The effects of the COVID-19 pandemic have had a devastating effect on domestic workers’ livelihoods, shows a newly released report.
According to the 2021 SweepSouth Report on Pay and Working Conditions for Domestic Workers across Africa, domestic workers are finding themselves victim to spiralling debt and having to sacrifice food to stretch their monthly earnings.
Conducted annually, the 2021 report is the first to be conducted across three countries, including South Africa, Kenya and Nigeria. More than 7 000 respondents took part, making it the largest and most detailed survey of its kind, and offering the most comprehensive view to date of the impact of the COVID-19 pandemic on domestic workers across sub-Saharan Africa.
The report takes an in-depth look at the conditions in the domestic work industry, in the context of significant economic hardships wrought by the pandemic. In Kenya and Nigeria, about 2 in 5 domestic workers lost their jobs due to the pandemic versus 1 in 5 in South Africa.
When it comes to basic living costs, the pandemic’s economic fallout has been disastrous for domestic workers. While living costs are down, it’s likely due to them sacrificing variable-cost items like food to stretch their earnings, which strongly suggests a falling quality of life.
On average, domestic workers are earning R2 536, while their monthly living costs are R2 890, meaning they’re forced to take on debt or reduce spending costs on vital items to make ends meet every month.
SA finance findings at a glance
- 8% have personal savings or pension
- 2% have medical aid
- 17% are part of a stokvel
- 42% of their wages is spent on rent, 38% on food, 19% on transport
- 67% are in debt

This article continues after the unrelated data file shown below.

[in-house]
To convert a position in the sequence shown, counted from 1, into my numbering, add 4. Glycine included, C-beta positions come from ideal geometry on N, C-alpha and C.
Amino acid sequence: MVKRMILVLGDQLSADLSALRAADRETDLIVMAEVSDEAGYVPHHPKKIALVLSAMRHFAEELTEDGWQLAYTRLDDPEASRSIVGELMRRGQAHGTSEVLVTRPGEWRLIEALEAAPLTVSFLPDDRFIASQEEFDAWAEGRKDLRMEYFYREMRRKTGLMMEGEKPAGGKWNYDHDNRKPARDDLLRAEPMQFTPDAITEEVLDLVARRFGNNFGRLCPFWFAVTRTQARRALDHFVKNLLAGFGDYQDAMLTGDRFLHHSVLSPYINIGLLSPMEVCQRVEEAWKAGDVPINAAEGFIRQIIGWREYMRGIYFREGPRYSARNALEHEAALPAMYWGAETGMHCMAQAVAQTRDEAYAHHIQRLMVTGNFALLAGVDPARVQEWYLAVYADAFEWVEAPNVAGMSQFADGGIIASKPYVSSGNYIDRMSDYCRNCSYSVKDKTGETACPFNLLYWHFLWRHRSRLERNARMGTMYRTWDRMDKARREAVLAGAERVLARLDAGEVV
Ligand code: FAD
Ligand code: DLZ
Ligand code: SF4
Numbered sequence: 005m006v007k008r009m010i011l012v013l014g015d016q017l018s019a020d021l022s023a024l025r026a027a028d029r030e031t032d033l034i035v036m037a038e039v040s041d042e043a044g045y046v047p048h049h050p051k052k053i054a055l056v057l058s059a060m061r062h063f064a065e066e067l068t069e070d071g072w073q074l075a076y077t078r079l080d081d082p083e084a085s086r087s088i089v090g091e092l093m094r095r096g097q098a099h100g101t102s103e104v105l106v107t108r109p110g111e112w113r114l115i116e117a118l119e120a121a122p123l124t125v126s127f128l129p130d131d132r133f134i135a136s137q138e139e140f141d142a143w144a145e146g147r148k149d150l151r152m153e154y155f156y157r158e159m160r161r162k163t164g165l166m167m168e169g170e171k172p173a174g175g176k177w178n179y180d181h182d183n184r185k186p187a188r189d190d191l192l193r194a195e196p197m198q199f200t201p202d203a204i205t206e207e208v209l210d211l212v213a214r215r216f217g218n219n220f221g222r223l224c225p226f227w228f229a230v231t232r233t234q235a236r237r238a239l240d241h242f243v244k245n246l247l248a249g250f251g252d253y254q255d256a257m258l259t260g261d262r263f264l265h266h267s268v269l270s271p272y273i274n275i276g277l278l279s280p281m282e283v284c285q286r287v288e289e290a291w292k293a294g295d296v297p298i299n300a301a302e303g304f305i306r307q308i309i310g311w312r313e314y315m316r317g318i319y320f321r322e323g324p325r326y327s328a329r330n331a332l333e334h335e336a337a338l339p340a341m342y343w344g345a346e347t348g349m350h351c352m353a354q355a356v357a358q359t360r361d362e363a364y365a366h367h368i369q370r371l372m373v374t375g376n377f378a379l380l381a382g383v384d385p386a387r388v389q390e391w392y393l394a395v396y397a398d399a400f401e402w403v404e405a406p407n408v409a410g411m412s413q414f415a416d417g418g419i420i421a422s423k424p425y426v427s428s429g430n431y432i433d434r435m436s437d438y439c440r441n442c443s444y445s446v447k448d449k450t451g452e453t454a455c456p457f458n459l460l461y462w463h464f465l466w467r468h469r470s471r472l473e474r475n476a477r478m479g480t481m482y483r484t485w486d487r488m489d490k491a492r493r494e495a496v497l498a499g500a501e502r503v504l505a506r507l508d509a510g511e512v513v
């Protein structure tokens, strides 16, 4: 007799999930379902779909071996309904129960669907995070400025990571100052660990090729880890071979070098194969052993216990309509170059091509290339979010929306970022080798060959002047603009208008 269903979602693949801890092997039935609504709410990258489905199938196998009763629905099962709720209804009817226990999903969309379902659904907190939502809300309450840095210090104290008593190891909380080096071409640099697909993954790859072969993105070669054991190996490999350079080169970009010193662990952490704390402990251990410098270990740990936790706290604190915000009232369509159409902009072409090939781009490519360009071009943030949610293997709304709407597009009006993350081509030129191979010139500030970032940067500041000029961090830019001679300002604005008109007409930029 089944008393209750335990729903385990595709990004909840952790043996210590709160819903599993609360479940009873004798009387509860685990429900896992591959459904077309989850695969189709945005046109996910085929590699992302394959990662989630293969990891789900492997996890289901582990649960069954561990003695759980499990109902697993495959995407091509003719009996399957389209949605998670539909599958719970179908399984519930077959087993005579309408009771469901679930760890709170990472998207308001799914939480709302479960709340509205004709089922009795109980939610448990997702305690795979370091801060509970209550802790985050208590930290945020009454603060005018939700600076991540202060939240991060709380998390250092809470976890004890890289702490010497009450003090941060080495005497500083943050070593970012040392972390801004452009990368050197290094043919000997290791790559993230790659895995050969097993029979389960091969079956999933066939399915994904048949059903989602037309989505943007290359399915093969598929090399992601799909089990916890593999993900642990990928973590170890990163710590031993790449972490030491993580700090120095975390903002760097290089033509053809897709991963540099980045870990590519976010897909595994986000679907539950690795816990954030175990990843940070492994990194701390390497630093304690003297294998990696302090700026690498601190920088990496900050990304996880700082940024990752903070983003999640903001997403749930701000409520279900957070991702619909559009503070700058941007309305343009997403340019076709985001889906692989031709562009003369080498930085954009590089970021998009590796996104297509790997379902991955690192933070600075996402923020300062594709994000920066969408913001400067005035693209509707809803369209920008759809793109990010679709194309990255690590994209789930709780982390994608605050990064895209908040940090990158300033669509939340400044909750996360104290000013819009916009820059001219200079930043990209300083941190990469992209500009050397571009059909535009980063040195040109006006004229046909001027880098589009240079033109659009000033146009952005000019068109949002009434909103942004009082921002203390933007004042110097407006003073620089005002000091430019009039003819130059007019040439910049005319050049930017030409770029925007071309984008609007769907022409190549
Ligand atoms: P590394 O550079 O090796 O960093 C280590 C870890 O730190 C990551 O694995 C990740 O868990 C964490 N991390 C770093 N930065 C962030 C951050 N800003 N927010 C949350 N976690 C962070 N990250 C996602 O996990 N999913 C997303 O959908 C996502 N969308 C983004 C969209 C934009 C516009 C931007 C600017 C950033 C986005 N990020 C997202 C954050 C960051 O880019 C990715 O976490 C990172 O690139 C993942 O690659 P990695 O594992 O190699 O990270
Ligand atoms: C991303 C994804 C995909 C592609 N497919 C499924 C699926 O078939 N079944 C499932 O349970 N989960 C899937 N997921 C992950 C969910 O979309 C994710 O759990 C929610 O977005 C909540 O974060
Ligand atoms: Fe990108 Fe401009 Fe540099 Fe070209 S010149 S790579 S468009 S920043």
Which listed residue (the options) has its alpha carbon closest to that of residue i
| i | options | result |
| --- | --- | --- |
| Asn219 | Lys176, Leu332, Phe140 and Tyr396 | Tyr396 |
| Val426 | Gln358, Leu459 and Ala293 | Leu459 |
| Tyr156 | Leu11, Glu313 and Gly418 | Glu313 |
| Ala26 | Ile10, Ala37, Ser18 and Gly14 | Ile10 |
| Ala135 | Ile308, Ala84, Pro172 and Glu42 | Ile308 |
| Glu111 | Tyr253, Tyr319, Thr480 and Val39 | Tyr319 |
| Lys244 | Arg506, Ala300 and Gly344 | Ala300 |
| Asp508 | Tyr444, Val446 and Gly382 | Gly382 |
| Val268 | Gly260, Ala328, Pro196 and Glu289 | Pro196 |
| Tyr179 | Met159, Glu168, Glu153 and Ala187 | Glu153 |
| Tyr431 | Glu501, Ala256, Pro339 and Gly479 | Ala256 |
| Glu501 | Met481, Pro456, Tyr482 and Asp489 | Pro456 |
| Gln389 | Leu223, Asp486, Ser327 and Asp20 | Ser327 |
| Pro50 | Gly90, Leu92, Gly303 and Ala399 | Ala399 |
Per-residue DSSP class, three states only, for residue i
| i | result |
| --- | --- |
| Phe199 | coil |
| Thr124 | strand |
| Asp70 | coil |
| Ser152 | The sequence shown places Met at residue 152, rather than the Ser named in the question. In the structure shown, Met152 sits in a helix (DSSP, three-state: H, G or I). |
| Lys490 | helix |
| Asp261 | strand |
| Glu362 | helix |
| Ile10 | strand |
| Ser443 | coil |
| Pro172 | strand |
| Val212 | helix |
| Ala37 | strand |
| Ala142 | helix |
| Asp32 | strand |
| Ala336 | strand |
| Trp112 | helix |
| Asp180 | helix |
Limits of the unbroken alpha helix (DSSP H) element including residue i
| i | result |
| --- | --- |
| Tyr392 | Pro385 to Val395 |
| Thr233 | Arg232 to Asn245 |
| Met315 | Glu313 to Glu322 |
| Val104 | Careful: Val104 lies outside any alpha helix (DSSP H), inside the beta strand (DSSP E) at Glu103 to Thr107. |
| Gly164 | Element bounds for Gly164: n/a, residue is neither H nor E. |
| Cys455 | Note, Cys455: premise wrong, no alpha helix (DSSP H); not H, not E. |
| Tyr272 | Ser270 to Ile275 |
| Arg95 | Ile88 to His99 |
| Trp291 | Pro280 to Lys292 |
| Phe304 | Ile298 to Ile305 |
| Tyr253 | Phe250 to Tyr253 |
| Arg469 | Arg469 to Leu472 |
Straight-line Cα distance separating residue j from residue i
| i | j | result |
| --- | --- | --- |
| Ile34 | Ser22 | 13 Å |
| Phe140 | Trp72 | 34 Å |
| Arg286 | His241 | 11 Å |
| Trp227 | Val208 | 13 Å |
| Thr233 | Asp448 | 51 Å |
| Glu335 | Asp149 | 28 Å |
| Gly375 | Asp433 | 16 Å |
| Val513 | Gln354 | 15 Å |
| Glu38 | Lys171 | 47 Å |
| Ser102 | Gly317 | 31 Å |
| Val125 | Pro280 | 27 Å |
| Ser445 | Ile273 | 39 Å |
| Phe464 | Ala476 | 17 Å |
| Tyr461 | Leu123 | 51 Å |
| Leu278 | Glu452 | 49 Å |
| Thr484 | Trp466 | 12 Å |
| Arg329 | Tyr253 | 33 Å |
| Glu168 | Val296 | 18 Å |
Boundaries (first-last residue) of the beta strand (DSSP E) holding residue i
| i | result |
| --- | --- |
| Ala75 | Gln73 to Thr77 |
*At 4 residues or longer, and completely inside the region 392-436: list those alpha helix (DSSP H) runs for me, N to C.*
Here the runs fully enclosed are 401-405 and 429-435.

- 56% owe money to a shop or store
On a positive note, the survey revealed a clear correlation between better employment protections for domestic workers and their work conditions. South Africa’s extensive protections specific to domestic workers lay down basic rights and principles in achieving decent work for them. While Kenya has followed suit in some areas, Nigeria’s regulations are not as extensive as those in SA or Kenya.
Average number of days worked: SA (4); Kenya (5); Nigeria (6)
Work more than 10 hours a day: SA (3%); Kenya (13%); Nigeria (31%)
Work 7 days a week: SA (4%); Kenya (7%); Nigeria (33%)
Potentially because protected by better laws, SA domestic workers are also least likely to have experienced abuse in the workplace.
Verbal abuse: SA (23%); Kenya (42%); Nigeria (55%)
Physical abuse: SA (4%); Kenya (15%); Nigeria (19%)
Sexual abuse: SA (2%); Kenya (16%); Nigeria (19%)
About 1 in 5 people polled felt their mental health had negatively been affected over the past year. Of those, 12.2% received a mental health assessment, with depression being the most common diagnosis (72%), followed by anxiety (25%). Issues weighing them down ranked from unemployment (52%), to debt (25%), and family problems (15%).
“As we reflect on the impact of the pandemic, many of us would have predicted that the worst would be behind us a year later,” said SweepSouth CEO, Aisha Pandor. “However, we continue to see job losses and economic hardship for domestic workers and even though there are some encouraging signs, the general outlook is still grim.”
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